(SPOILER ALERT! The following is based on the Gibson film “Hacksaw Ridge”, a depiction of the true story of Desmond Doss. Thus, if you have not seen he film and intend to, I suggest you not read this until you do.)
Desmond Doss stood at the top of a cliff on Okinawa.
Below him was relative safety among his fellow American soldiers. Behind him was pure carnage. Doss and his unit had just been through pure hell, spending the day battling Japanese troops seeking to hold on to Hacksaw Ridge.
Like many of the battalions before him, his unit and two others had been chopped to bits during the fight. Except for the wounded laying among the debris and fog of war, and Japanese infantry wandering the battlefield looking for American men to send to their ancestors, Doss was the only living soul around. The other Americans had retreated off the ridge.
A look of confusion passed Desmond’s face. He had volunteered to join a combat union when the United States opened hostilities with Japan during World War 2, but only as a medic. His values, informed by his Christian faith, prevented from touching a weapon.
But Doss was just as offended as other Americans at the Japanese surprise attack of Pearl Harbor. He wanted to serve his country. But Desmond had determined that he would seek to save lives, not take them.
“God, I don’t understand,” he said. Desmond had done his duty during the battle, but his overall purpose seemed to elude him. Then he heard the cries of his men from the fog.
“Ok,” he said. At that point Doss knew why he was there. He faced the battlefield and moved out to save his comrades.
Desmond’s had already demonstrated enough courage for most men. He had battled the U.S. Army for the right to even be a medic. His commanding officers labeled him a conscientious objector and even a coward.
Doss preferred to think of himself as a “conscientious participator.” Even so, his leaders had sought to court martial him and drum him out of the service and he had even endured physical and emotional abuse from the other men in his unit because of his stance.
During the night and into the next day Desmond went from man to man, comforting them physically and emotionally. He carried American soldiers one by one to the edge of the cliff and lowered them down in an ingenious makeshift rope contraption.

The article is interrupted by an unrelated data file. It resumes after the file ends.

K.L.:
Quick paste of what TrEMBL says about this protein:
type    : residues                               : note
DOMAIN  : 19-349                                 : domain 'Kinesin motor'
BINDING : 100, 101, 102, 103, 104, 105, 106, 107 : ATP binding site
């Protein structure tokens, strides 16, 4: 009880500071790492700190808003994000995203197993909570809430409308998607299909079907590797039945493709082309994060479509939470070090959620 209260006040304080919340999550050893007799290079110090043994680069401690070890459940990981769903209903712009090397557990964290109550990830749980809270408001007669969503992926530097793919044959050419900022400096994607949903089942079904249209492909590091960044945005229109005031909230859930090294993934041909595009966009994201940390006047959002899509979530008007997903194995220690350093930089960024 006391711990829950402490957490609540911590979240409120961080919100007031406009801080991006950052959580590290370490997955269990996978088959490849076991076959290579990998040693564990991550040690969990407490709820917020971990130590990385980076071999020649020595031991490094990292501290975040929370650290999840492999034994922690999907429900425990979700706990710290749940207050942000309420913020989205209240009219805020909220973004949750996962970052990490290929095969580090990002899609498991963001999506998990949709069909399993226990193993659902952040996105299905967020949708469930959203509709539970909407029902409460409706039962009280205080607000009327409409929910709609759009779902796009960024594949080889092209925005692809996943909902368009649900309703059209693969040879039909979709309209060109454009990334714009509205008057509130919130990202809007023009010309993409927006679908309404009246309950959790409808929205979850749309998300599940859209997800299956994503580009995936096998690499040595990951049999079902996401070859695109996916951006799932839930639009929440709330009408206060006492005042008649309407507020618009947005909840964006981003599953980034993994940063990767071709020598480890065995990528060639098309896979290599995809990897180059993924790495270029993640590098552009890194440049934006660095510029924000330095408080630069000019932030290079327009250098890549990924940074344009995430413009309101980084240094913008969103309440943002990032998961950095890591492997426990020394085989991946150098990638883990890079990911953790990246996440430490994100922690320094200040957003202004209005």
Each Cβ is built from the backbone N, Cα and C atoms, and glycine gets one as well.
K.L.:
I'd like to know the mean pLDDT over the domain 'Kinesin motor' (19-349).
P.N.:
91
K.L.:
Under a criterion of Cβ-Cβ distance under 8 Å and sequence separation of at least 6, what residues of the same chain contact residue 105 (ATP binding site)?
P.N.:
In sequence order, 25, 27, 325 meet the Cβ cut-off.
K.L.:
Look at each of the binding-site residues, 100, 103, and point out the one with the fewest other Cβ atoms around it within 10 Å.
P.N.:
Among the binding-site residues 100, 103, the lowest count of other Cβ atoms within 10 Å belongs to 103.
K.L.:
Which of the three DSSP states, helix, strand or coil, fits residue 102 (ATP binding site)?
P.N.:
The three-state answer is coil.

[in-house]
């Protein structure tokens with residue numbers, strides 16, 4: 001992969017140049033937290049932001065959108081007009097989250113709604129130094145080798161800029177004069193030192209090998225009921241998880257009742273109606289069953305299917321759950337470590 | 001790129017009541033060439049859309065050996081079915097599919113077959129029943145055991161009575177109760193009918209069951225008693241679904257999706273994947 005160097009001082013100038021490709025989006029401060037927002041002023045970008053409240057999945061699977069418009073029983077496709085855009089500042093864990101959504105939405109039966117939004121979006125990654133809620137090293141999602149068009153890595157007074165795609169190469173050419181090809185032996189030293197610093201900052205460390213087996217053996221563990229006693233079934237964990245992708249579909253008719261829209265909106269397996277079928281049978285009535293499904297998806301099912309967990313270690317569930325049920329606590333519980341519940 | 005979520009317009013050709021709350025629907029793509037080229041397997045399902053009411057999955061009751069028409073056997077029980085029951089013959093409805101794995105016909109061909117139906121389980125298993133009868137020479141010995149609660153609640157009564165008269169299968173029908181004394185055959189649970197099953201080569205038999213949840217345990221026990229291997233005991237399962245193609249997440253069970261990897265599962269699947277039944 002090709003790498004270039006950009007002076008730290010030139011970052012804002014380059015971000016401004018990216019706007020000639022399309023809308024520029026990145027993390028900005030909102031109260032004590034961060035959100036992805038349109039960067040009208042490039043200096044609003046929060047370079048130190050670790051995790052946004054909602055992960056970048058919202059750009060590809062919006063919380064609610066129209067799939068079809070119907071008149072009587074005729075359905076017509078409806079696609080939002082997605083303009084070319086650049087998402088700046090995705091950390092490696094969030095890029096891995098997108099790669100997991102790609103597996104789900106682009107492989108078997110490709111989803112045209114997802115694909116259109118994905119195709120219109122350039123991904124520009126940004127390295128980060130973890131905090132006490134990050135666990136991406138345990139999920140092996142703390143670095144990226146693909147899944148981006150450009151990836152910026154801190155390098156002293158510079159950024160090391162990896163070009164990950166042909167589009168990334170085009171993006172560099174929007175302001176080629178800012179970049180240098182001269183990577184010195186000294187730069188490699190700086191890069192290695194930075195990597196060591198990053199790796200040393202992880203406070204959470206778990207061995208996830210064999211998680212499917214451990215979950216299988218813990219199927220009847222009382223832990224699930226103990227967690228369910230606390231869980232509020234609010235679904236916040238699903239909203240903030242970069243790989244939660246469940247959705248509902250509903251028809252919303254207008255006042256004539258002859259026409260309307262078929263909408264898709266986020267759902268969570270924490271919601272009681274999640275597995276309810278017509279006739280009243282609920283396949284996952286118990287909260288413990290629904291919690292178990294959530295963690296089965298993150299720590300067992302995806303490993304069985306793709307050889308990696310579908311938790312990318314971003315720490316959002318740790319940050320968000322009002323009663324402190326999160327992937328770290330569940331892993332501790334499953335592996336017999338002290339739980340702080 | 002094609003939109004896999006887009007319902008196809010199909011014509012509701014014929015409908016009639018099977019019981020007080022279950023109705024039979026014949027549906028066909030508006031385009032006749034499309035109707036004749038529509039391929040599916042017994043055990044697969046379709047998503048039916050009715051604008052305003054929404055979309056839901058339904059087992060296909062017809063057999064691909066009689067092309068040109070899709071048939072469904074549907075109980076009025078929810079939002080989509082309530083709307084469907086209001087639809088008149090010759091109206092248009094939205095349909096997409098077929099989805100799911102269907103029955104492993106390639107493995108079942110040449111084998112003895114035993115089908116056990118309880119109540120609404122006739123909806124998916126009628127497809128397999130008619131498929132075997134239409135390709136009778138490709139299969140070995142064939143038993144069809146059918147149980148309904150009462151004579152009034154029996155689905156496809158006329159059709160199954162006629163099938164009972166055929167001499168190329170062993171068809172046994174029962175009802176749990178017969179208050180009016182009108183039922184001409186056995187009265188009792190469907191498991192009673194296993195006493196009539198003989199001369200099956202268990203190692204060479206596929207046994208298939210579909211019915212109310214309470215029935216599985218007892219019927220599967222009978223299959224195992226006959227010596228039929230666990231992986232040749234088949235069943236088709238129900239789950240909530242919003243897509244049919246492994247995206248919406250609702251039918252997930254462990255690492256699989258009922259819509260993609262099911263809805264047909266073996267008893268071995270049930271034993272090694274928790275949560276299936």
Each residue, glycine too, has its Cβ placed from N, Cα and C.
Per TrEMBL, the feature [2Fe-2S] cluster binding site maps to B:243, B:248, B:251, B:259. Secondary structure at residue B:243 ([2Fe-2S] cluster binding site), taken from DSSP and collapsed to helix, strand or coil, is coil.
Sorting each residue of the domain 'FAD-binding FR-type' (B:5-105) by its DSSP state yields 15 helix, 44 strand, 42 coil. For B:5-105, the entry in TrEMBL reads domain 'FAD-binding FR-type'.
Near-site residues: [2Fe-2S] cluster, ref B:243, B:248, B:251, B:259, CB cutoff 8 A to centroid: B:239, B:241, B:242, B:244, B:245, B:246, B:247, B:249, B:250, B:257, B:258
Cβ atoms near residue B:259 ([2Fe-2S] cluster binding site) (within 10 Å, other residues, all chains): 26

Desmond’s mantra throughout his ordeal was “God, just one more. Help me to save one more.” After lowering one, he would go back to find another.
At one point, caught below ground in the Japanese caves as he evaded the enemy, he once ran into a wounded opponent. Instead of killing him, Doss patched him up. In fact, he managed to lower two hurt Japanese soldiers off the cliff.
The commanding officers and doctors back at the American encampment were amazed at the number of survivors from the battlefield. When asked how they had gotten there, they pointed to the work of Doss.
In one last trip to and from the battlefield, Desmond escaped down the rope climb with himself and another soldier in tow. Japanese soldiers fired at him from the top while American soldiers protected Doss and his “package” from below.
As Desmond was carried away, soldier after soldier looked at him with respect. Later his commanding officer asked Doss’s forgiveness, and told him that the men had to go back the next day, but that they wouldn’t go without him.
Desmond continued his heroics during the ensuing victory and was again carried wounded from the battlefield, this time wounded. On the stretcher he called for his Bible. In it were the source of his values and his inspiration, a picture his wife.
For his work on Hacksaw Ridge Desmond Doss became the first conscientious objector to ever be awarded the Congressional Medal of Honor.
I have seen many inspirational movies, but this one ranks at the the top. I was quite moved at Desmond’s life and heroism. Afterwards, I stayed behind in an empty theater as the credits rolled. I bowed my head prayed, dedicating myself to God and his work again.
It is my desire to carry out my own personal mission to mankind from now until I enter eternity. I don’t know yet exactly how this desire is to be carried out, but as God showed Desmond the need of each man around him at the top of Hacksaw Ridge, I am sure he will reveal his task for me in serving them, also.
I do know prayer from here on out will be the same as Desmond’s: “Just one more. God, give me just one more.”